Features - Firm Guidance
JULY 24, 2000
BY JOE SAWARD
Originally Hutchison Whampoa had tried to build up a mobile phone business called Rabbit but when Canadian Hans Snook was sent to run it in 1993 he reported back that the company was doomed. Hutchison Whampoa decided to start again and, in partnership with British Aerospace, bought one of the four cellular phone licences which were being offered by the British government. Snook was given a list of 1400 possible names for the new company by a marketing company and picked Orange to be the brand.
The Orange service, the first digital telephone service in the world to go into operation, was launched in 1994. The company was floated in March 1996 for $3.75bn. Snook continued to build up the company and sold the company to Mannesmann in October 1999 for $33bn, making Li Ka-Shing an estimated profit on the deal of $10bn. Within a matter of weeks, however, Mannesmann was bought by a rival telecommunications firm Vodaphone AirTouch in a $280bn takeover although this was only allowed to go ahead when Vodaphone agreed to sell off Orange. France Telcom won the battle to control the company, agreeing to pay VodaphoneÊ$51bn.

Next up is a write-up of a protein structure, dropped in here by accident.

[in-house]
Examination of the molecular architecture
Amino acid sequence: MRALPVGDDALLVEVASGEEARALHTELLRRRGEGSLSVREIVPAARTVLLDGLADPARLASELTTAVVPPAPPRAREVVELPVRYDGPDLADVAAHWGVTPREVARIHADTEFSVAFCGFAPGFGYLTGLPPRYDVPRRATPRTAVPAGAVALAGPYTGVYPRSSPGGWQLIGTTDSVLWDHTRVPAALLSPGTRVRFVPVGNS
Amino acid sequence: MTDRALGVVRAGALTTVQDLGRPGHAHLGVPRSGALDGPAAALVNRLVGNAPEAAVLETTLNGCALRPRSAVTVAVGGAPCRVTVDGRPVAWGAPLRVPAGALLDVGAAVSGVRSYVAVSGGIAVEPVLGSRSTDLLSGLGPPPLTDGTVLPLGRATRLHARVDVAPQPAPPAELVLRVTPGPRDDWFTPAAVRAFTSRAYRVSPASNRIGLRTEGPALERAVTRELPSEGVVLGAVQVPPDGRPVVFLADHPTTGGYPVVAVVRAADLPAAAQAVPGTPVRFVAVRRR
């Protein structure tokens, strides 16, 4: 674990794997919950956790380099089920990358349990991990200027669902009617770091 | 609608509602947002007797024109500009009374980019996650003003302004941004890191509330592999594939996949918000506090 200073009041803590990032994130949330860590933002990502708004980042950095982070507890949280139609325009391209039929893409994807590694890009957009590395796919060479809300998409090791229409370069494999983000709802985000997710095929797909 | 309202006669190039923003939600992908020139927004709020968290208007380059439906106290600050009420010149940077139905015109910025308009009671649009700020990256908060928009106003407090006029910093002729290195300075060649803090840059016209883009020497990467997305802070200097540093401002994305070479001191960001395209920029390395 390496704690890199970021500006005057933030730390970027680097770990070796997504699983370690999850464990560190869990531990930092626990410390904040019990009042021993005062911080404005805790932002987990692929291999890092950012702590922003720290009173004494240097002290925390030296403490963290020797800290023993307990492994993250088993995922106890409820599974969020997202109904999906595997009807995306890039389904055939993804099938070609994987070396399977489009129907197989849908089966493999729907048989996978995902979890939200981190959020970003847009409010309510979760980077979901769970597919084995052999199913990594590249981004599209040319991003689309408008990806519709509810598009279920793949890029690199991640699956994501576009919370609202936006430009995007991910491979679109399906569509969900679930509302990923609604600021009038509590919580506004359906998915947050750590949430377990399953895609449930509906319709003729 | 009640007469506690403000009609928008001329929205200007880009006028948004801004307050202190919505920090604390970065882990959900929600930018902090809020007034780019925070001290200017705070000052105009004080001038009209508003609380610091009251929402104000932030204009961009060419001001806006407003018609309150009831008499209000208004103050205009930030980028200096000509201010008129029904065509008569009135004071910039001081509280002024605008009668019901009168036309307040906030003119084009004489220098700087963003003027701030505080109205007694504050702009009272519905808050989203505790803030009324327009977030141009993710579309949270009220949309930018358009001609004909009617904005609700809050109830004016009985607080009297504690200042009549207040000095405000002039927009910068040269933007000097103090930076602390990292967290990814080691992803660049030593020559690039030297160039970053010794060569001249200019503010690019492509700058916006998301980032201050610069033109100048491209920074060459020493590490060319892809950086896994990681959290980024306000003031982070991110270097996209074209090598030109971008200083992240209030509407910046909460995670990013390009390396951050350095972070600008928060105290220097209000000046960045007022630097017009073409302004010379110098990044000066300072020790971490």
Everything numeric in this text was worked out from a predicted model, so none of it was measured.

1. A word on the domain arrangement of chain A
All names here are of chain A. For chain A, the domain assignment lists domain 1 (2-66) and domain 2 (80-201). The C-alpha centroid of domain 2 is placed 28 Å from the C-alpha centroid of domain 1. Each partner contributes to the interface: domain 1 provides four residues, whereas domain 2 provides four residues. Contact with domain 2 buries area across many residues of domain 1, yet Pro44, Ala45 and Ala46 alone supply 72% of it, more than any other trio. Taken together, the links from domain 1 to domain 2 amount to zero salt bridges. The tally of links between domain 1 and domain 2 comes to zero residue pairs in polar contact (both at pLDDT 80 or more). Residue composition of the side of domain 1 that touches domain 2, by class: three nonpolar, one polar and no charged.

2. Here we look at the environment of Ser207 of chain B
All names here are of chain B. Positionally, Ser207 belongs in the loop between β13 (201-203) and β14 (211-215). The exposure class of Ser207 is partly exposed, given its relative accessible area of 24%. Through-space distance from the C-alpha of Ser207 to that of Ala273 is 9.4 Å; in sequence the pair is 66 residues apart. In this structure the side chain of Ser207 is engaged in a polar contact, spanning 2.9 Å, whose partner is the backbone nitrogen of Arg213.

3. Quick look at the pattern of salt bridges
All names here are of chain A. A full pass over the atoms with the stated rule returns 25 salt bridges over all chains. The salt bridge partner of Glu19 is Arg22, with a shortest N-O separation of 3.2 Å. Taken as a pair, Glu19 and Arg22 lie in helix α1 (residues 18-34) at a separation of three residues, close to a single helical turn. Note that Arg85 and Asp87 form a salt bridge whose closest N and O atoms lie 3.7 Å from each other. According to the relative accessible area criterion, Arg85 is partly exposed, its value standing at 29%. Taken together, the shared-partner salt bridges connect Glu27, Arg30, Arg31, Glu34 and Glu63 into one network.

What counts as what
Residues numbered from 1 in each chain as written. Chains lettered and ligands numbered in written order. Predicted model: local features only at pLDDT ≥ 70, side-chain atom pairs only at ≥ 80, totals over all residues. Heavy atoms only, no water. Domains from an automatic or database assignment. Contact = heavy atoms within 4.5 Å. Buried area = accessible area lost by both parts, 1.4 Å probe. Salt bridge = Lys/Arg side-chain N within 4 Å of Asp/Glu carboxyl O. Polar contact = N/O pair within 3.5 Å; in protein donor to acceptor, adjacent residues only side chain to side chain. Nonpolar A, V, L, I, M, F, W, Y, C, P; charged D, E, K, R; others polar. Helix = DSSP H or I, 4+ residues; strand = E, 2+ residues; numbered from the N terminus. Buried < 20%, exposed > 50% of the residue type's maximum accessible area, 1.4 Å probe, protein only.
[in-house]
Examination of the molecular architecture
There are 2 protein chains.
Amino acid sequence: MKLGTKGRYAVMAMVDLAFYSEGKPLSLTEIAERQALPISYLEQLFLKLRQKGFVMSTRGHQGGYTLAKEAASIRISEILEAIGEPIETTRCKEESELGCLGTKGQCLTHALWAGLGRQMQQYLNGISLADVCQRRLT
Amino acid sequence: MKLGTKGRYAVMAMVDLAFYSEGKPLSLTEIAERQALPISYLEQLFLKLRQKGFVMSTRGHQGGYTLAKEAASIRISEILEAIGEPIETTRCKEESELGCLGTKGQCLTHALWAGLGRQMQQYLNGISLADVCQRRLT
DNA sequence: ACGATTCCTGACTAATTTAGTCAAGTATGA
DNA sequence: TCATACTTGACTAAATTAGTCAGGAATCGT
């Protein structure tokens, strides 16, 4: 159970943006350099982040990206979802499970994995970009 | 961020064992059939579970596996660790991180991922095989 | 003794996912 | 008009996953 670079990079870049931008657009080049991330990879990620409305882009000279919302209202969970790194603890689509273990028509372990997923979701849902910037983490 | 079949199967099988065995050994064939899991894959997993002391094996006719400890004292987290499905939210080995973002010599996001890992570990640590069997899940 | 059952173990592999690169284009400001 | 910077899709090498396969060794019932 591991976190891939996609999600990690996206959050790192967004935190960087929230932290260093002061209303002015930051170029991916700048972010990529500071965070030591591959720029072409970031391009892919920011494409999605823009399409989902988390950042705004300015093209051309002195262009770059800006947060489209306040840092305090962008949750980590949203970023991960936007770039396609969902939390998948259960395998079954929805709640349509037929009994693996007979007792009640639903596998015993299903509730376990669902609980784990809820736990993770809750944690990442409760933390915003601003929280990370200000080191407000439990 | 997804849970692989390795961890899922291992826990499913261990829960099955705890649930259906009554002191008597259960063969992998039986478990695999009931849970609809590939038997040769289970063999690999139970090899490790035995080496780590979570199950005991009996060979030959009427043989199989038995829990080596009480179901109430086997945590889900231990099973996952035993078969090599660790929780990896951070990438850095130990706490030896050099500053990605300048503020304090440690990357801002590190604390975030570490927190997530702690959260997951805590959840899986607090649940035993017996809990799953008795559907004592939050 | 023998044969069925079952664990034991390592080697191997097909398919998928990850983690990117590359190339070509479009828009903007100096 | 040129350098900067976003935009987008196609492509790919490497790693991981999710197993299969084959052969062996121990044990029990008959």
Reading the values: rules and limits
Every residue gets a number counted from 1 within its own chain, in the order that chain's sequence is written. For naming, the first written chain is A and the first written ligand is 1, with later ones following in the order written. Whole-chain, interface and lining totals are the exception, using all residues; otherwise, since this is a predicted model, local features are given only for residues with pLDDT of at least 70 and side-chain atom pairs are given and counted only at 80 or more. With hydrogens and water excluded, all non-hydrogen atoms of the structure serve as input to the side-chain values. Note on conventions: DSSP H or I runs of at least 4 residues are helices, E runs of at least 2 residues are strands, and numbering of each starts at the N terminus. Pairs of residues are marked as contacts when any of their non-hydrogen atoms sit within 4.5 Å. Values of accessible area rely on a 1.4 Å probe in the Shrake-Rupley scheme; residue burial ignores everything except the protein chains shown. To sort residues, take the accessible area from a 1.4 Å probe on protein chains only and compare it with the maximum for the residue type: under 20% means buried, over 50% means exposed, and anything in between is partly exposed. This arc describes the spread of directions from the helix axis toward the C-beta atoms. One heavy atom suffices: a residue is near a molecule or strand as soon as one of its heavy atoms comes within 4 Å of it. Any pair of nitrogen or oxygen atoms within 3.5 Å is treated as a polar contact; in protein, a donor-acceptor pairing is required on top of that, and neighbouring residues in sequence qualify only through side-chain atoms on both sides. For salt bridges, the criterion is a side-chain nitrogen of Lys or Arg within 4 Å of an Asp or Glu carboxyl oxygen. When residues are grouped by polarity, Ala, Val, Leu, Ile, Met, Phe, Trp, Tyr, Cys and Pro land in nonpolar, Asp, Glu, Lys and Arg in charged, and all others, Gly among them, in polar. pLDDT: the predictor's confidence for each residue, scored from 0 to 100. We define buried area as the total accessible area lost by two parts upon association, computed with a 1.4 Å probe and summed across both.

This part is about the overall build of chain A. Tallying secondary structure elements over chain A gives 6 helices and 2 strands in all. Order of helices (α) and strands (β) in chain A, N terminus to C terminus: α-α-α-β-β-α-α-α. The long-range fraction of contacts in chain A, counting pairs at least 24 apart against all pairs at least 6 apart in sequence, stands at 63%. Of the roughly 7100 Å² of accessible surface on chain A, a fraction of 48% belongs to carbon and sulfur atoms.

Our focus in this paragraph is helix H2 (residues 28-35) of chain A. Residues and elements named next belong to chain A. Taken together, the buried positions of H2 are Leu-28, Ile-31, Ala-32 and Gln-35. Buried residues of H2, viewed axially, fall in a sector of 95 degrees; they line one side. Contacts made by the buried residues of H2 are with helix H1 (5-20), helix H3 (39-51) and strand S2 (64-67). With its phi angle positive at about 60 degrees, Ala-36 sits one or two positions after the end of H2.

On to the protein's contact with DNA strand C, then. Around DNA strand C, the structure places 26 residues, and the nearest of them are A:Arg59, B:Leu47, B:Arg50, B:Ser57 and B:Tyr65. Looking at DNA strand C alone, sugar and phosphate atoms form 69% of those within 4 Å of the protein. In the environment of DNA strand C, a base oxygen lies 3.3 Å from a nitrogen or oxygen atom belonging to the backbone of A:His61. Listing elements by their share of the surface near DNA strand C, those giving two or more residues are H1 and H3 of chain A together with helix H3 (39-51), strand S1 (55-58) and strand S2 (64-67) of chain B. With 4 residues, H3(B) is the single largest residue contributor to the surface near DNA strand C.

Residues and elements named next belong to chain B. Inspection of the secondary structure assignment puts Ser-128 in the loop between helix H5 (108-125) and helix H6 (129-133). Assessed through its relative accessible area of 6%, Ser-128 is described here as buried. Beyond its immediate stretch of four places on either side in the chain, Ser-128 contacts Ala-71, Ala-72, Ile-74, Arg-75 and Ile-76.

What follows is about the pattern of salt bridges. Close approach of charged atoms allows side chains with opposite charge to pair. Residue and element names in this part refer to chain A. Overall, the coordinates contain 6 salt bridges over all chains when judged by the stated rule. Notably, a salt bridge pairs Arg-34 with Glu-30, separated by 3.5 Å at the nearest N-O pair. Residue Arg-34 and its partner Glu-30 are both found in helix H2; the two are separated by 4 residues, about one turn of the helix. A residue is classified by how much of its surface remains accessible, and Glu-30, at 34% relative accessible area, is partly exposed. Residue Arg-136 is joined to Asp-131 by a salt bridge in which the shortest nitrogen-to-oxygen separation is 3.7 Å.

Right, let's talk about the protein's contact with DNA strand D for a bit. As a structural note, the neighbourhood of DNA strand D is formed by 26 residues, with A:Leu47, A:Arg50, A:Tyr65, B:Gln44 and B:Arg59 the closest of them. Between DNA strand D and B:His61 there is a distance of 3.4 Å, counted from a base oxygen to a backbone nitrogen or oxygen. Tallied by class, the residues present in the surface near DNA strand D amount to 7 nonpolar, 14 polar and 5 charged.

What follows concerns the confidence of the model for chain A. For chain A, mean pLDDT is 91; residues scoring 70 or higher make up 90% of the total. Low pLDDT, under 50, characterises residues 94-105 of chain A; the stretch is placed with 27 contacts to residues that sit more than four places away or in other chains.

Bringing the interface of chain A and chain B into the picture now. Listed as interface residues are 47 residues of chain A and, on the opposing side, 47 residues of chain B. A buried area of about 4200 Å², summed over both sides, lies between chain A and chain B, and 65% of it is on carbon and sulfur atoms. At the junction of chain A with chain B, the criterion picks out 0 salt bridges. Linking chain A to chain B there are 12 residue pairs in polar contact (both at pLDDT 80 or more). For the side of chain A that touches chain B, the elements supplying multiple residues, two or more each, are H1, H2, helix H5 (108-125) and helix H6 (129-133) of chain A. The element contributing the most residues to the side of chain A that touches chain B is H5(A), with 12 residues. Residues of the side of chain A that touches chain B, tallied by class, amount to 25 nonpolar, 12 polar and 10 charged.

The company has recently won one of the new generation broadband cellular telephone licences which have been auctioned by the British government.
While all this was happening Orange agreed a three-year deal to sponsor the Arrows team, the company keen to increase its international exposure. Arrows was able to agree to an all-Orange car and so it was a perfect deal for Snook.